Babinski's sign: A test for signs of disease process in the motor neurons of the pyramidal tract. The test involves drawing a semi-sharp object along the bottom of the foot. The normal response in adults and children is for the toes to reflex downwards (flexor response). In babies and people with neurological problems of the corticospinal tract, the big toe moves upwards (extensor response).

Chaddock's Sign: Similar to Babinsky's but testing for lesions in the corticospinal tract. The neurologist touches the skin at the outside of the ankle. A positive response in upwards fanning of the big toe just like in Babinski's test.

Hoffman's sign: This is also similar to Babinski's but involves the hands rather than the feet. Again it tests for problems in the corticospinal tract. The test involves tapping the nail on the third or forth finger. A positive response is seen in flexion of terminal phalanx of thumb.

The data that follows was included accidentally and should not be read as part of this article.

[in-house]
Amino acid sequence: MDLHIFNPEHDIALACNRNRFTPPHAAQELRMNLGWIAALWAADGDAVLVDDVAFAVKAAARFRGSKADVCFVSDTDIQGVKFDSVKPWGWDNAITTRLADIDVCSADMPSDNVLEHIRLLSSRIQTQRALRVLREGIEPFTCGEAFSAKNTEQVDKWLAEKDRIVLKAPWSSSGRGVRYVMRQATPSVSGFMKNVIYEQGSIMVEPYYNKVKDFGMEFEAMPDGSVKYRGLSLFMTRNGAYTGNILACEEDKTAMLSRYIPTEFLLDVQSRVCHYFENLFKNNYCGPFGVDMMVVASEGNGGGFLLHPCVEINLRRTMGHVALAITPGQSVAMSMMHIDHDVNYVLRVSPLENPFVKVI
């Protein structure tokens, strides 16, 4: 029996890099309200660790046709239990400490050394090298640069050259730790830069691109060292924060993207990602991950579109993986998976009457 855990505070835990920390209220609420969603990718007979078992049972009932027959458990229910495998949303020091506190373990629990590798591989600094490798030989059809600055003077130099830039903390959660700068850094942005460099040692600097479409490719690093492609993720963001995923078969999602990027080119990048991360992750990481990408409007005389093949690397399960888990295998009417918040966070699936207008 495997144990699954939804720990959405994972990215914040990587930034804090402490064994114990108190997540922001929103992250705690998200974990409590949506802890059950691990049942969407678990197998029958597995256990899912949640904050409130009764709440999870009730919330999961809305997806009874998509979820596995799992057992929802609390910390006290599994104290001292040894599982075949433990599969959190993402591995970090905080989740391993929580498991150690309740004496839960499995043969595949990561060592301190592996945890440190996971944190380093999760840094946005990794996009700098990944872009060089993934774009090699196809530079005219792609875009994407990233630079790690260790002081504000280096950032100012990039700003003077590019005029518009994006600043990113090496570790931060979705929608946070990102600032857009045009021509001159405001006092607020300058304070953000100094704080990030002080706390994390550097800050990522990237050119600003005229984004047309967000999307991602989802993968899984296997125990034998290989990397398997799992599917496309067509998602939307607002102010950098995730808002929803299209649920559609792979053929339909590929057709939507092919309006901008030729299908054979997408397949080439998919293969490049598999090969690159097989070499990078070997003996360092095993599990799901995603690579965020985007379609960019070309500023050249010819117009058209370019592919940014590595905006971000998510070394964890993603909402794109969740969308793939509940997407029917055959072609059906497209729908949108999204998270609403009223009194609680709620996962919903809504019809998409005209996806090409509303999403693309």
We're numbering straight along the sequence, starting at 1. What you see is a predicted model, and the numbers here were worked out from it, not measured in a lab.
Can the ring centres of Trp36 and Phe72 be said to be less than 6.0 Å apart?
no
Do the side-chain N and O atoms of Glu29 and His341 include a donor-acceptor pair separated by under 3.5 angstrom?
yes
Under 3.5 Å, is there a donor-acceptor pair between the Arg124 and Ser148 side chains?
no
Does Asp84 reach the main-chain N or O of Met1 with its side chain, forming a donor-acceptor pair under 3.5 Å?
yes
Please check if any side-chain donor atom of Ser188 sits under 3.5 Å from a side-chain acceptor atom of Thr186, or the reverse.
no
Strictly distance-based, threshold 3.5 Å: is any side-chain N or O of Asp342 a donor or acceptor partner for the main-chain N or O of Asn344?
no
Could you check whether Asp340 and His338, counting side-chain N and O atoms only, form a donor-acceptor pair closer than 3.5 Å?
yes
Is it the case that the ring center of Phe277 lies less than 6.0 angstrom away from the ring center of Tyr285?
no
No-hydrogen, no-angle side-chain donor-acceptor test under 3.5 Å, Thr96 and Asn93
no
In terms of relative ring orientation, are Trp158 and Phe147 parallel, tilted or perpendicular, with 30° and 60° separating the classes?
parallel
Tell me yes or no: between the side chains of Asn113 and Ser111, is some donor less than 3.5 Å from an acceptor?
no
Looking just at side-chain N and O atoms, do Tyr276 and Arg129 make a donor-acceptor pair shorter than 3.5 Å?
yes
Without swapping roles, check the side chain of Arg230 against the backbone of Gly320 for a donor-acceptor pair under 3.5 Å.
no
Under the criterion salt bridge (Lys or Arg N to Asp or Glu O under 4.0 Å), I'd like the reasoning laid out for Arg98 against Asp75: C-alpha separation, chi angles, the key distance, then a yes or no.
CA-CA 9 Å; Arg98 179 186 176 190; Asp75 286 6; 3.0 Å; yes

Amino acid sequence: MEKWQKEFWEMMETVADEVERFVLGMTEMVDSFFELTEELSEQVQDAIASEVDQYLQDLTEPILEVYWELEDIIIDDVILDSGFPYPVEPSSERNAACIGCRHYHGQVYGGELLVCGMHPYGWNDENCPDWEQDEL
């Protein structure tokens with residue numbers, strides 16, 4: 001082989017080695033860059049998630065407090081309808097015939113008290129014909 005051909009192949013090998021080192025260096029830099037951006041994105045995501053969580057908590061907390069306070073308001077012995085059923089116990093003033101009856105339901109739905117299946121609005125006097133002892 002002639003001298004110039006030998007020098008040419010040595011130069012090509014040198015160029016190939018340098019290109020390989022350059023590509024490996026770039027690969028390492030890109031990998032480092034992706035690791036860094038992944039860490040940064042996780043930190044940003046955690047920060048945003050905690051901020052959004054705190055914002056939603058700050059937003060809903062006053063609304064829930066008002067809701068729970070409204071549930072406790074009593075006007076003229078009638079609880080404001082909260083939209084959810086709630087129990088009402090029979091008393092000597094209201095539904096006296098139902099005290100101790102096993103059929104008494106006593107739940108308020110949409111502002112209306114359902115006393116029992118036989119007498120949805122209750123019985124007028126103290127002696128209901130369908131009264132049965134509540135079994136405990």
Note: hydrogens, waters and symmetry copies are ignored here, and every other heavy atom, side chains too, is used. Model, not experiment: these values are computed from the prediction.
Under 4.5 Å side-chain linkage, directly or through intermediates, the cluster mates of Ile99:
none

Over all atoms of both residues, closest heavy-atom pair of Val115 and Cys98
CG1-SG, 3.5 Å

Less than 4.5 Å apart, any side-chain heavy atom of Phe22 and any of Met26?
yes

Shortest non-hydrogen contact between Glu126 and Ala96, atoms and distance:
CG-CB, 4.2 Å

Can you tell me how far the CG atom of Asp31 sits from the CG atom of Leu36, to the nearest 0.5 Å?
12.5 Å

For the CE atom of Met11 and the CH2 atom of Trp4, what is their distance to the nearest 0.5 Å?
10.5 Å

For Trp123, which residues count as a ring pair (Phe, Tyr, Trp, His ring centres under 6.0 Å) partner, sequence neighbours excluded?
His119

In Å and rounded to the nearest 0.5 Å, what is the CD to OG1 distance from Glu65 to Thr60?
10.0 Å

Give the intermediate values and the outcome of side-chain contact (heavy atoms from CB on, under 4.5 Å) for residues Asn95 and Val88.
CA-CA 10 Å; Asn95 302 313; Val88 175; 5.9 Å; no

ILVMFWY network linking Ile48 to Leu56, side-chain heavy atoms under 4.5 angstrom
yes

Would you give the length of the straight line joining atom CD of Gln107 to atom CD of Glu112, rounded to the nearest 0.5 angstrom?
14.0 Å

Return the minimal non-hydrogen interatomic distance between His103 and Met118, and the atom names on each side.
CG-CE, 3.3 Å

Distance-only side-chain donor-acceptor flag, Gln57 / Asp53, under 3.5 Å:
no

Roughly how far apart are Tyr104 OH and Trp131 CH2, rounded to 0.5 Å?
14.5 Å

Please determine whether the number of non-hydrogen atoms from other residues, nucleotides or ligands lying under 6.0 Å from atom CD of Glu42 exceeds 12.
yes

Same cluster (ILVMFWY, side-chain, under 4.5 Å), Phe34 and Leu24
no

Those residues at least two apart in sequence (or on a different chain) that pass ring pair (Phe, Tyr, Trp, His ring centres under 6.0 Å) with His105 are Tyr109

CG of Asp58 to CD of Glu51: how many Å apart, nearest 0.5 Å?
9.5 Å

Doll's Eye Sign: The neurologist is looking for dissociation between movement of the eyes and of the head. A positive response is when the eyes moves up and head moves down.

Sensory:  This is done with tuning forks and pins and tests the level of sensory perception in certain parts of your body. 
 

If you are forced to undergo another here is what I usually advise.  The actual procedure is not painful; in fact the only thing you feel is a scratch when the anaesthetic goes in.  The actual removal of fluid is just a feeling of pressure if done properly.  I must stress if done properly; do not let anyone practice on you insist on someone who is experienced.